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Mengchen Xu, Amy L Lerner, Ashutosh Richhariya, Geunyoung Yoon; Predicting spherical aberration induced by laser refractive surgery by using biomechanical model of cornea. Invest. Ophthalmol. Vis. Sci. 2014;55(13):3730.
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© ARVO (1962-2015); The Authors (2016-present)
To develop a finite element (FE) model of the human cornea to understand biomechanical effects of corneal spherical aberration (SA) induced by laser refractive surgery.
The model used in this study was implemented in the FE code ABAQUS. An axisymmetric model with 7 layers was generated of the intact cornea, and modified to simulate 2, 6 and 10 diopters (D) myopic corrections by removing elements, as calculated by Munnerlyn equation for 6mm optical zone. The biomechanical response of the cornea before and after surgery was evaluated under different intraocular pressure (IOP) acting on the posterior surface of cornea: 10, 15, and 21 mmHg. As in previous literature, we used nonlinear material properties of cornea tissue and fixed boundary conditions to reflect the stiff limbus. We compared cases with uniform and varying material properties along the depth to evaluate the potential effect of relative difference in stiffness of the stroma. Based on calculated deformations in the pressurized cornea models, Zernike SA was calculated using ray-tracing program (Zemax, Radiant Zemax, LLC) to determine the induced amount of SA by the surgical procedure for 6mm optical zone.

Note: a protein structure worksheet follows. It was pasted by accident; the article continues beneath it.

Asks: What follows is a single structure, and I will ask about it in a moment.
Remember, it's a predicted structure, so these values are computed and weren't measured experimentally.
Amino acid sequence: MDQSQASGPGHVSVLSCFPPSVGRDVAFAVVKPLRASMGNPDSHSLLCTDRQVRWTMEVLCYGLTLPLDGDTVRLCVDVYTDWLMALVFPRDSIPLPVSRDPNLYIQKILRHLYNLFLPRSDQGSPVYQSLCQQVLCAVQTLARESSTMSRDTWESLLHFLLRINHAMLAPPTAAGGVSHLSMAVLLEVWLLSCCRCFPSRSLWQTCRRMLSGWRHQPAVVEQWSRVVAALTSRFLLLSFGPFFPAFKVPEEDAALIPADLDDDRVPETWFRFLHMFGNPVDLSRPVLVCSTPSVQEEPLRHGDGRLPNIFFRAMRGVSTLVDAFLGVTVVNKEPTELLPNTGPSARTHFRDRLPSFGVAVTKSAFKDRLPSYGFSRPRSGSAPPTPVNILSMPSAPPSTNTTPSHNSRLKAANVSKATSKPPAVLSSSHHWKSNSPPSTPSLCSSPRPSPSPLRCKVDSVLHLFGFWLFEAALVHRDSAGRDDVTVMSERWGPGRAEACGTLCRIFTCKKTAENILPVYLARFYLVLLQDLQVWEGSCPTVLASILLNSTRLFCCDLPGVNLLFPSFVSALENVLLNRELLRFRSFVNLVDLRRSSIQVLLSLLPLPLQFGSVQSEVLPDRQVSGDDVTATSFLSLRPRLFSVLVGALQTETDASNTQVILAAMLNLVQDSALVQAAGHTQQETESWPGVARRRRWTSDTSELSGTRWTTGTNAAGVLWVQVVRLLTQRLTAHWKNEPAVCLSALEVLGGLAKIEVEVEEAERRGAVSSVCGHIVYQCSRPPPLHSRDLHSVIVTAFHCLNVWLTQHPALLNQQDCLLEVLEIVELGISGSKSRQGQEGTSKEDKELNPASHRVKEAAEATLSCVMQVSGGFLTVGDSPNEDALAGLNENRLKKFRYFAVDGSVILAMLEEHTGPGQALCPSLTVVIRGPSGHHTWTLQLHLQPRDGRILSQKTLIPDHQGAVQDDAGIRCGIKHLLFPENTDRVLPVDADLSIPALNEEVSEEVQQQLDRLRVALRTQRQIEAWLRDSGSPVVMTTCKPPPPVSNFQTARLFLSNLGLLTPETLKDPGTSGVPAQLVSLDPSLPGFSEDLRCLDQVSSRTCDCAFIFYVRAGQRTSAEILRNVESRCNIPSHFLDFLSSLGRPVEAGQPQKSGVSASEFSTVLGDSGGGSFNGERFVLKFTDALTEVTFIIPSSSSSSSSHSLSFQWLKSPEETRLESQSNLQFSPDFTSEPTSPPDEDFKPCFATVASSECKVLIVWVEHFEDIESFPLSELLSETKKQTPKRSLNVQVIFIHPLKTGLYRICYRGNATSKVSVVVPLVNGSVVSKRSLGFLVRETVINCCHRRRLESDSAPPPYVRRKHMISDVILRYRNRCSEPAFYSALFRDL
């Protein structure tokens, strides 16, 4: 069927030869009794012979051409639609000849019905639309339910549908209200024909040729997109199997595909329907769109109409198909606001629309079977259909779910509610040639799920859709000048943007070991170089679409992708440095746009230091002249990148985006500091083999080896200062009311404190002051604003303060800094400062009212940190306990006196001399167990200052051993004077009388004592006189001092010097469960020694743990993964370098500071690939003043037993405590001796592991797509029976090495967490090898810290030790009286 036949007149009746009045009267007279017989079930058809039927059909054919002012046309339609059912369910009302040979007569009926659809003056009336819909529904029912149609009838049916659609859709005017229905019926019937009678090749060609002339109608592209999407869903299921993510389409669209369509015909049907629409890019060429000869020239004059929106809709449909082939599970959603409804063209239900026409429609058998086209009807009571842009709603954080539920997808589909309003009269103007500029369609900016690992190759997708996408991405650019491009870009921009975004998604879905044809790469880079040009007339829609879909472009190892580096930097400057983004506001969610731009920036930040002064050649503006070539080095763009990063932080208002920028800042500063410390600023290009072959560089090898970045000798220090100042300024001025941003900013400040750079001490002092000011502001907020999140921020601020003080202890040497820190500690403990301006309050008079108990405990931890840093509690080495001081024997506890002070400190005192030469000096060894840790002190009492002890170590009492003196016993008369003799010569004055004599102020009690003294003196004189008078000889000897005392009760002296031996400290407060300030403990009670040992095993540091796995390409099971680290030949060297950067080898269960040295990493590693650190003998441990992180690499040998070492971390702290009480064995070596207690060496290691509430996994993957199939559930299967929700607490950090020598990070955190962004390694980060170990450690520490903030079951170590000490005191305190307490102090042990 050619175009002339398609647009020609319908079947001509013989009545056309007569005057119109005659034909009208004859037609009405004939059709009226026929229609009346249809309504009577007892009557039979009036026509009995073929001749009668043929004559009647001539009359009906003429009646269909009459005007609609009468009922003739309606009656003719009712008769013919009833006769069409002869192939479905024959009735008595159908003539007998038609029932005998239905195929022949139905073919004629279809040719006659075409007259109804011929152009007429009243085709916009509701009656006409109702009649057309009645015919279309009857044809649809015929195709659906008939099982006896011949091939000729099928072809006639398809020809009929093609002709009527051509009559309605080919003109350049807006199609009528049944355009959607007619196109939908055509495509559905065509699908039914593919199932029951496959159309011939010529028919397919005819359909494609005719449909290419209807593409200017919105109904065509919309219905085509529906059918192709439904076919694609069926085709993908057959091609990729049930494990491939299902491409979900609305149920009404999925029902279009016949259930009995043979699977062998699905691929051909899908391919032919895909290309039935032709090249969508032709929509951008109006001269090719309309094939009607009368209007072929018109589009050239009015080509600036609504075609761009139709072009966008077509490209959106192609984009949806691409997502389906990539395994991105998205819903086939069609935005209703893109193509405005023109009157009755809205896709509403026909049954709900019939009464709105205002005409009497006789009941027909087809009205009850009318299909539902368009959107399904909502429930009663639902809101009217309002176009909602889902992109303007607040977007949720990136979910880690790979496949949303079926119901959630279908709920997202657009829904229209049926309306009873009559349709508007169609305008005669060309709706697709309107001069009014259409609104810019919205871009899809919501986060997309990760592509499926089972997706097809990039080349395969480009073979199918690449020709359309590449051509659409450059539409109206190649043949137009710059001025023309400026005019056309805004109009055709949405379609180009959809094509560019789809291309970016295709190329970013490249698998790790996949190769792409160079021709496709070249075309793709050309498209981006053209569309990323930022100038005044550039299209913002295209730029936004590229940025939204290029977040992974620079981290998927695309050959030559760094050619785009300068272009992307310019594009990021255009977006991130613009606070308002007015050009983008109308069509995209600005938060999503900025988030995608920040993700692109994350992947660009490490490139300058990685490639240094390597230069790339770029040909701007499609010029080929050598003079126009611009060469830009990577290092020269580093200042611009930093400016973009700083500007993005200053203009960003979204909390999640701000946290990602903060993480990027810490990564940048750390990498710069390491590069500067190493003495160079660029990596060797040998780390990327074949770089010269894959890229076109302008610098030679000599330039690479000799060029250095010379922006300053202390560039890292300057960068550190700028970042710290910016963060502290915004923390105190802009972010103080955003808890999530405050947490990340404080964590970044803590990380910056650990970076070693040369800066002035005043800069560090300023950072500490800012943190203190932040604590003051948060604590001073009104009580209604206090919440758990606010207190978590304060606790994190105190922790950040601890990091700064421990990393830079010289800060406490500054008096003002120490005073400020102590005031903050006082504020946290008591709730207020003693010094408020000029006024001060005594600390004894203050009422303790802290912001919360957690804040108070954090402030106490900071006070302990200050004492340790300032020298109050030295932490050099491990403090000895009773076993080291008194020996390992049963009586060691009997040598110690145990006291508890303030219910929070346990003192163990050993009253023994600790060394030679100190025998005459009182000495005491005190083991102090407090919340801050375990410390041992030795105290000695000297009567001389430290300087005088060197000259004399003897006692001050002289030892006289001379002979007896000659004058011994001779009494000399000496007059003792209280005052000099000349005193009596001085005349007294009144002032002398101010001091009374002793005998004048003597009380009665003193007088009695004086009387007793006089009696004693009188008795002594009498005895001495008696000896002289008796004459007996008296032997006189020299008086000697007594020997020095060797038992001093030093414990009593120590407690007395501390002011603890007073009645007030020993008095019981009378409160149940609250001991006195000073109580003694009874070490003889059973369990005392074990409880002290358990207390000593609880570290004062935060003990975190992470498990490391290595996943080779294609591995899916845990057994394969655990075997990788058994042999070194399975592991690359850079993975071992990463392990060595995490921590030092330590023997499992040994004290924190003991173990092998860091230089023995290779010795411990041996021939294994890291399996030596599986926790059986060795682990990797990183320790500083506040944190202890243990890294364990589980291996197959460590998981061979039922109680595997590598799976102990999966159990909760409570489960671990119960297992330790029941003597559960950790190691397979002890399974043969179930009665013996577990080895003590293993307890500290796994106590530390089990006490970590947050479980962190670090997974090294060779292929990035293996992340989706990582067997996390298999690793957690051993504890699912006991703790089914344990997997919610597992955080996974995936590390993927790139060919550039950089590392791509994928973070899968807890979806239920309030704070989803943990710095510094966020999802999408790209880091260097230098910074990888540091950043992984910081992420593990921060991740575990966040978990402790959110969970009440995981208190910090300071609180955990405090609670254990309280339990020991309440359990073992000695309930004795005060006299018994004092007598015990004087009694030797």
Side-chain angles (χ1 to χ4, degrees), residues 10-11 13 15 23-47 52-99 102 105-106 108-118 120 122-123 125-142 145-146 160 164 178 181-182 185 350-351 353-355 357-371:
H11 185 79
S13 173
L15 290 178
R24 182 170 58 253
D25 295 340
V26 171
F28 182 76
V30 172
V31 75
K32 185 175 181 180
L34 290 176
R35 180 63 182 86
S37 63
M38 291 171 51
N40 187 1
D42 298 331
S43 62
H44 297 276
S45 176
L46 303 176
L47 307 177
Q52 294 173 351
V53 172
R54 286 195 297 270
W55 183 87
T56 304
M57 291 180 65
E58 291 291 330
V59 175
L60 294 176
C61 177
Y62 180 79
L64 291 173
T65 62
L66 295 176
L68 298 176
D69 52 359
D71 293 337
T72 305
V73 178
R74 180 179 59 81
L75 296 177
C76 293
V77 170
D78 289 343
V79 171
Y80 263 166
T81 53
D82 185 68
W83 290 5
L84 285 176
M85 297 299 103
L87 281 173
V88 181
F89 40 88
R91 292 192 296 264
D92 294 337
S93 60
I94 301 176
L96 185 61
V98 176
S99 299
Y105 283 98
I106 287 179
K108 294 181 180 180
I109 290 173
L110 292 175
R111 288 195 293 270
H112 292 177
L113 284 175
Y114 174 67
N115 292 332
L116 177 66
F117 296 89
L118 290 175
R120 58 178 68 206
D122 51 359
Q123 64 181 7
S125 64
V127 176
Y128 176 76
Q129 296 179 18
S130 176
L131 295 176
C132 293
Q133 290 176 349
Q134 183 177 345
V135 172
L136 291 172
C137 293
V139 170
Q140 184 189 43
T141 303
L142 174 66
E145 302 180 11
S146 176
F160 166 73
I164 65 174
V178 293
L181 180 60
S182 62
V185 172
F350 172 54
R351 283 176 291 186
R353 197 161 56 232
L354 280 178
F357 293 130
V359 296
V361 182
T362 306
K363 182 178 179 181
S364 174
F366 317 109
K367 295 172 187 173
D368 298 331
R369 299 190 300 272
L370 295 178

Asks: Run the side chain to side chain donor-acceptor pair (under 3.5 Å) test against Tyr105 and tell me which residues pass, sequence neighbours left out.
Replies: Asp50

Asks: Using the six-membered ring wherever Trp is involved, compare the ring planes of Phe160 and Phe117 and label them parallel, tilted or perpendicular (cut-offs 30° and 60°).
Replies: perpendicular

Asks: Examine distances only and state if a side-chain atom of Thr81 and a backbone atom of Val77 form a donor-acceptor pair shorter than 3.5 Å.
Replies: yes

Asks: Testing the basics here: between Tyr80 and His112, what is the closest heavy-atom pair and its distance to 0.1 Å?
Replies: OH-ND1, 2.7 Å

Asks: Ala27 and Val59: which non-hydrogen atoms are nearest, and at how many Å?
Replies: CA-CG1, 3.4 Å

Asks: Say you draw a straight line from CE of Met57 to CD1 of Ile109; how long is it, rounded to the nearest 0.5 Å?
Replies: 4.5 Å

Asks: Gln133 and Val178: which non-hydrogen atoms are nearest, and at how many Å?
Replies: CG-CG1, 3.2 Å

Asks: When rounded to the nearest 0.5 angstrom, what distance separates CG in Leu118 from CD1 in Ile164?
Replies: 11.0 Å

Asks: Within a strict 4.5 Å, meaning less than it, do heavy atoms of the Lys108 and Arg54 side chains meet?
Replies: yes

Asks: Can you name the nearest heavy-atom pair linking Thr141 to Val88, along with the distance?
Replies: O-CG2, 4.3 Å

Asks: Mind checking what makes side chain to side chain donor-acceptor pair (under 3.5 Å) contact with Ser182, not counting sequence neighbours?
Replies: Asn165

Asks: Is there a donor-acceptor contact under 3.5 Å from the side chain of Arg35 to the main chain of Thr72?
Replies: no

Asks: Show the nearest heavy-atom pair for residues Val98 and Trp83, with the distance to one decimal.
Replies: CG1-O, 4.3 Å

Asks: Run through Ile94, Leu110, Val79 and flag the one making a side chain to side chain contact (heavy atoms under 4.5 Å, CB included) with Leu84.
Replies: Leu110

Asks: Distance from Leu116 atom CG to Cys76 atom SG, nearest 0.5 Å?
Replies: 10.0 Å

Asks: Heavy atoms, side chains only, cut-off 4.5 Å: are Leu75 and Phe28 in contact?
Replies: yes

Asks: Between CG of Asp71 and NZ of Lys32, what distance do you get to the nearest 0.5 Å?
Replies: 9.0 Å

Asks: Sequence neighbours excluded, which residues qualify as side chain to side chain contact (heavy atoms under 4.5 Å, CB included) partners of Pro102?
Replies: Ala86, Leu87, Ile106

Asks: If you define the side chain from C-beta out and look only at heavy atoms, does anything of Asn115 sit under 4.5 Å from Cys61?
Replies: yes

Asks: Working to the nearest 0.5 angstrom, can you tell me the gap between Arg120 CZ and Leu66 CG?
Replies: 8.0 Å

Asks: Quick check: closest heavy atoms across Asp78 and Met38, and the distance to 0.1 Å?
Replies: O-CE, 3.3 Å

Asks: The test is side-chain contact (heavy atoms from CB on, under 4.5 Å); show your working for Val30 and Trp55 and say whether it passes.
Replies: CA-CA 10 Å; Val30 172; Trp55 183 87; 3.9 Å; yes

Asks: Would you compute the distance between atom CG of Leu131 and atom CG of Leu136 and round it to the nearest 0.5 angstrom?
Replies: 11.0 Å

Positive SA increased with IOP in both intact and ablated corneas. For intact cornea, the SA increased 25% when IOP changed from 10 to 21mmHg. A larger increase (53% with -6 D correction) in SA was found in ablated cornea and the increase become even larger with increasing amount of refractive correction. Without biomechanical response i.e. no IOP, positive SA is decreased by myopic correction. However, our biomechanical model showed an increase in positive SA when considering corneal biomechanics, 0.10 µm and 0.29 µm under 10 and 21mmHg IOPs for -6D correction, respectively. Relative differences in material properties between corneal layers also had considerable impact on the predicted SA after surgery. For -6D correction, the induced SA is -0.27µm, 0.01µm, 0.29µm and 0.47µm under 21mmHg IOP with uniform and three stiffer material properties of outer anterior stroma.
The axial distribution of material properties within the cornea significantly influences the biomechanical response of the cornea as well as the resulting SA. A biomechanical model of cornea with varied material properties of cornea can improve our ability to predict corneal optical quality after laser refractive surgery.
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